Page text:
Author(s):  
Argha Kumar Banerjee

Abstract In Katherine Mansfield’s short story ‘Life of Ma Parker’, the old, widowed charwoman is plagued by ‘unbearable’ thoughts of her deceased grandson Lennie: ‘Why did he have to suffer so?’ Lennie’s unfortunate death in the story is not a solitary instance of tragic portrayal of working-class childhood in Mansfield’s short fiction. In several of her tales she empathetically explores the marginalized existence of such children, occasionally juxtaposing their deplorable existence with their elite counterparts’. From social exclusion, child labour, parental rejection, infant and child mortality on the one hand to physical and verbal abuse, bullying in the school and appalling living conditions on the other; Mansfield's exploration of the working-class childhood in her short fiction is not only psychologically complex but sociologically significant. Focusing on the relevant short stories in her oeuvre, this brief analysis intends to closely examine such depictions of marginalized childhood experiences, particularly in light of the oppressive societal conditions that validate their repressive alienation and sufferings. Tracing various biographical circumstances that may have fostered Mansfield’s deep empathy with the children’s’ predicament, this analysis also draws attention to her subtle oblique narrative strategies that effectively represent the plight of working-class children in a convincing and an ingeniously nuanced manner.


2022 ◽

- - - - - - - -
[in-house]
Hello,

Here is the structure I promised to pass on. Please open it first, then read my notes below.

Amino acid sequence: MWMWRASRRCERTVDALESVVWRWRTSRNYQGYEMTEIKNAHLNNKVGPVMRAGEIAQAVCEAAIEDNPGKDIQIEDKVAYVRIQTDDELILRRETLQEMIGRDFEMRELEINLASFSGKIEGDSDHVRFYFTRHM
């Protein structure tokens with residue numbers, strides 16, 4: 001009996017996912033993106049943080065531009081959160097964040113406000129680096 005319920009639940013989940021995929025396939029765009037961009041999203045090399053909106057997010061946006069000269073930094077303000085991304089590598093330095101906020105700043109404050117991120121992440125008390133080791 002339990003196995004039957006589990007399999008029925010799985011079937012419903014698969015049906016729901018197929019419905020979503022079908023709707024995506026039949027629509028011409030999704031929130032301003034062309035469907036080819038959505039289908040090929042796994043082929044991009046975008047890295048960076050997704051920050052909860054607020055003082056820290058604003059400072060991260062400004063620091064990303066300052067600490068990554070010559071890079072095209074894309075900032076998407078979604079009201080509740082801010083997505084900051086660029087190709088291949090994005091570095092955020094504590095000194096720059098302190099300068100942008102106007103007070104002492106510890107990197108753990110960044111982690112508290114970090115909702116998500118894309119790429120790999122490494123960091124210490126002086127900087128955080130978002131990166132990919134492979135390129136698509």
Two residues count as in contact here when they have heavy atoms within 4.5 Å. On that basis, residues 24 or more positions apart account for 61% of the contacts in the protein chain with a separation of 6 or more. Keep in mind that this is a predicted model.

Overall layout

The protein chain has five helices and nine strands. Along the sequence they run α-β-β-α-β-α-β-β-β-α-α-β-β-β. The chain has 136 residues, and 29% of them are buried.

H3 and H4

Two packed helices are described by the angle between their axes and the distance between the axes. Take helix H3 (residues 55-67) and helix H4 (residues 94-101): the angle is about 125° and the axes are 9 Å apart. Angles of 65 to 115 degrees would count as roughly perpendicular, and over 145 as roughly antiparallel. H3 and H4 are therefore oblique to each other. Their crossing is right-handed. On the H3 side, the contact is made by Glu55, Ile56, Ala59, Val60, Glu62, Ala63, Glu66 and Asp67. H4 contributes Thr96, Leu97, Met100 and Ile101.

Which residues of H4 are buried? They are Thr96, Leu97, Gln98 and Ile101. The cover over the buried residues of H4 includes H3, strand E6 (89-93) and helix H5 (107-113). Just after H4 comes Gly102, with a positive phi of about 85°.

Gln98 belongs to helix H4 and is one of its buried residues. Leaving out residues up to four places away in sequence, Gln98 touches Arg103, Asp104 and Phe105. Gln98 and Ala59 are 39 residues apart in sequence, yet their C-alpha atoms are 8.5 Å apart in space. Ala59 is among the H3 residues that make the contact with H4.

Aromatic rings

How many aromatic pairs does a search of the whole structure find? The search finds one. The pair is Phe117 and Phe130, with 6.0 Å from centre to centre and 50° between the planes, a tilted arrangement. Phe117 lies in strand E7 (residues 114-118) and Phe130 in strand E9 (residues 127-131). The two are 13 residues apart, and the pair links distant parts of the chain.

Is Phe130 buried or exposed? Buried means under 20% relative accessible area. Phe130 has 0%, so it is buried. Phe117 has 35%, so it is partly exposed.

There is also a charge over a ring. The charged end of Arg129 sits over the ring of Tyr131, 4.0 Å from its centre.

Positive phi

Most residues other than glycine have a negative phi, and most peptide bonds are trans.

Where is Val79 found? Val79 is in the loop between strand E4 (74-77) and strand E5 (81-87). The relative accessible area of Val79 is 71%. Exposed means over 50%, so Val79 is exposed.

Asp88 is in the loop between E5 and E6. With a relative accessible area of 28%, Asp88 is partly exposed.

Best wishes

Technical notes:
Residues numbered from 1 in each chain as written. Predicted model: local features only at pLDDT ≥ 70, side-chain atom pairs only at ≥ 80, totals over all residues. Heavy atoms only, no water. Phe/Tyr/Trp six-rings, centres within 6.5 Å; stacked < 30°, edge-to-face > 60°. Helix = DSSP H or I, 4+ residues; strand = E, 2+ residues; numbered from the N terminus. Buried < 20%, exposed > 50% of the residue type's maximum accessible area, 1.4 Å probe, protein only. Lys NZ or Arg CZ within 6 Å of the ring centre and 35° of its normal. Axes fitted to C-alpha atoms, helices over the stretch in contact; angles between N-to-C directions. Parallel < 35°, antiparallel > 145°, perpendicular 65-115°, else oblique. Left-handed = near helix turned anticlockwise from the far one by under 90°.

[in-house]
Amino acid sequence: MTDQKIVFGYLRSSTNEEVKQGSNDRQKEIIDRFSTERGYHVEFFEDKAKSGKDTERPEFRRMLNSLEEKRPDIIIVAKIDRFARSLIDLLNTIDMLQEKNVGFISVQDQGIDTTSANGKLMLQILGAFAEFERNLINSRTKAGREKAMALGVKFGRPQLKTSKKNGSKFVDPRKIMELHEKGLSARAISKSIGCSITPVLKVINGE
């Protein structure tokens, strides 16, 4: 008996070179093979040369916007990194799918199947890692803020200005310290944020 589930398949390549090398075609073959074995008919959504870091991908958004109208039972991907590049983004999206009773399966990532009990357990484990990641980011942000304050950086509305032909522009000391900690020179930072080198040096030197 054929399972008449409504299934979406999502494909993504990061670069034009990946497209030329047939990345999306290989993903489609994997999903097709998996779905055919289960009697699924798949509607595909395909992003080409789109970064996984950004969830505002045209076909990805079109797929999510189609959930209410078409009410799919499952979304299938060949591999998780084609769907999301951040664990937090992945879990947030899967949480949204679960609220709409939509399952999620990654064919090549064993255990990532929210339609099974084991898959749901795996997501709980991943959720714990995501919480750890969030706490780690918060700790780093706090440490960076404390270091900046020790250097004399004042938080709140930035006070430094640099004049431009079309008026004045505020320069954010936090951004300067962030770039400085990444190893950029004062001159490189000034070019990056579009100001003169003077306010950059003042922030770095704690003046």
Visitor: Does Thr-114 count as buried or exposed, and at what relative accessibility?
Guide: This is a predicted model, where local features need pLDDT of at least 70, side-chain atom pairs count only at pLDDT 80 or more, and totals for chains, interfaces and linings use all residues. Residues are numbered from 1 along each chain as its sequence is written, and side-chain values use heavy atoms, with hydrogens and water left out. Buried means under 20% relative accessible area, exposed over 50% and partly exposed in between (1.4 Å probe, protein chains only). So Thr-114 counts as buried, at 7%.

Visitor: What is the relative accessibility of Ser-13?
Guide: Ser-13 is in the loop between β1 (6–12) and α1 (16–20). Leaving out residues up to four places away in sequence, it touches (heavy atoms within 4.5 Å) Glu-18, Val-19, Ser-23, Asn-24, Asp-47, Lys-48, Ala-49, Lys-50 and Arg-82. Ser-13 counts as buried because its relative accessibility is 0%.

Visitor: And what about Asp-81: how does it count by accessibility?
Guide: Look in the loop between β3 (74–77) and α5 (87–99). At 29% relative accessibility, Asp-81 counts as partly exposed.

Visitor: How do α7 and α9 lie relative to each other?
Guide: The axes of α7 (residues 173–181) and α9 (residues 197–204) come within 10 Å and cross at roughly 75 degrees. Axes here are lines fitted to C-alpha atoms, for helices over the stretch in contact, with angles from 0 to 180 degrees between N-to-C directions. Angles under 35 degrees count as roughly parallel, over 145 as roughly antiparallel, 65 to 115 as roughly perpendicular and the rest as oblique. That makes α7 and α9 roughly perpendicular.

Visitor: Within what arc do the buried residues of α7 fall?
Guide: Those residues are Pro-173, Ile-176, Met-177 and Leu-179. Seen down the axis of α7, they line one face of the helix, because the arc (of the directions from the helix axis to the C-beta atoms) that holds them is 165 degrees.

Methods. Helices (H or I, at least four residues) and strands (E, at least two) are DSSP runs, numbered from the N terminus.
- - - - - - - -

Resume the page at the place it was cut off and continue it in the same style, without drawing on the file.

James Malcolm Rymer (b. 1814–d. 1884) created two of the most influential monsters of 19th-century fiction: Varney the Vampyre and Sweeney Todd. The son of an Edinburgh-born London engraver, Malcolm Rymer, who published poetry and a Gothic novel, Rymer was raised in a working-class literary-artistic family. His brothers Gaven and Chadwick were artists, and his brother Thomas put his engraving skills to criminal use as a serial financial forger. For the penny periodicals magnate Edward Lloyd, Rymer prolifically wrote bestselling serials including Ada, the Betrayed, or, The Murder at the Old Smithy (1843); The Black Monk, or, The Secret of the Grey Turret (1844); Varney, the Vampyre, or, The Feast of Blood (1845–1847); and the Sweeney Todd tale The String of Pearls, a Romance (1846–1847, expanded in 1850 as The String of Pearls, or The Barber of Fleet Street). In the 1850s, Lloyd’s business model changed. Favoring news over fiction, he jettisoned Rymer, who in 1858 took up employment composing serials for Reynolds’s Miscellany, a penny periodical founded by the radical journalist and novelist George W. M. Reynolds. Some of Rymer’s serials of this period, such as the outlaw romances Edith the Captive, or the Robbers of Epping Forest (1861–1862) and its sequel Edith Heron, or the Earl and the Countess (1866), were issued in stand-alone editions by Reynolds’s regular publisher, John Dicks. Rymer also composed essays, short tales, and poetry and served as a periodical editor, including of two of Lloyd’s penny periodicals. Extremely private, he published for the most part anonymously, as “the author of” several of his bestselling penny bloods, and under a variety of pseudonyms, including the anagrams “Malcolm J. Errym” and “Malcolm J. Merry” and “Lady Clara Cavendish.” In the 20th century, while Sweeney Todd’s fame grew, Rymer was largely forgotten, in part because an apocryphal bibliographic tradition erroneously maintained that The String of Pearls and many of his other works were written by another Lloyd employee, Thomas Peckett Prest. Since the 1960s, scholarly interest in penny fiction has brought to light Rymer’s contemporaneous popularity, his complex aesthetics, his often liberal or radical politics, his profound impact on Victorian mass culture, and his work’s vibrant transmedia afterlives.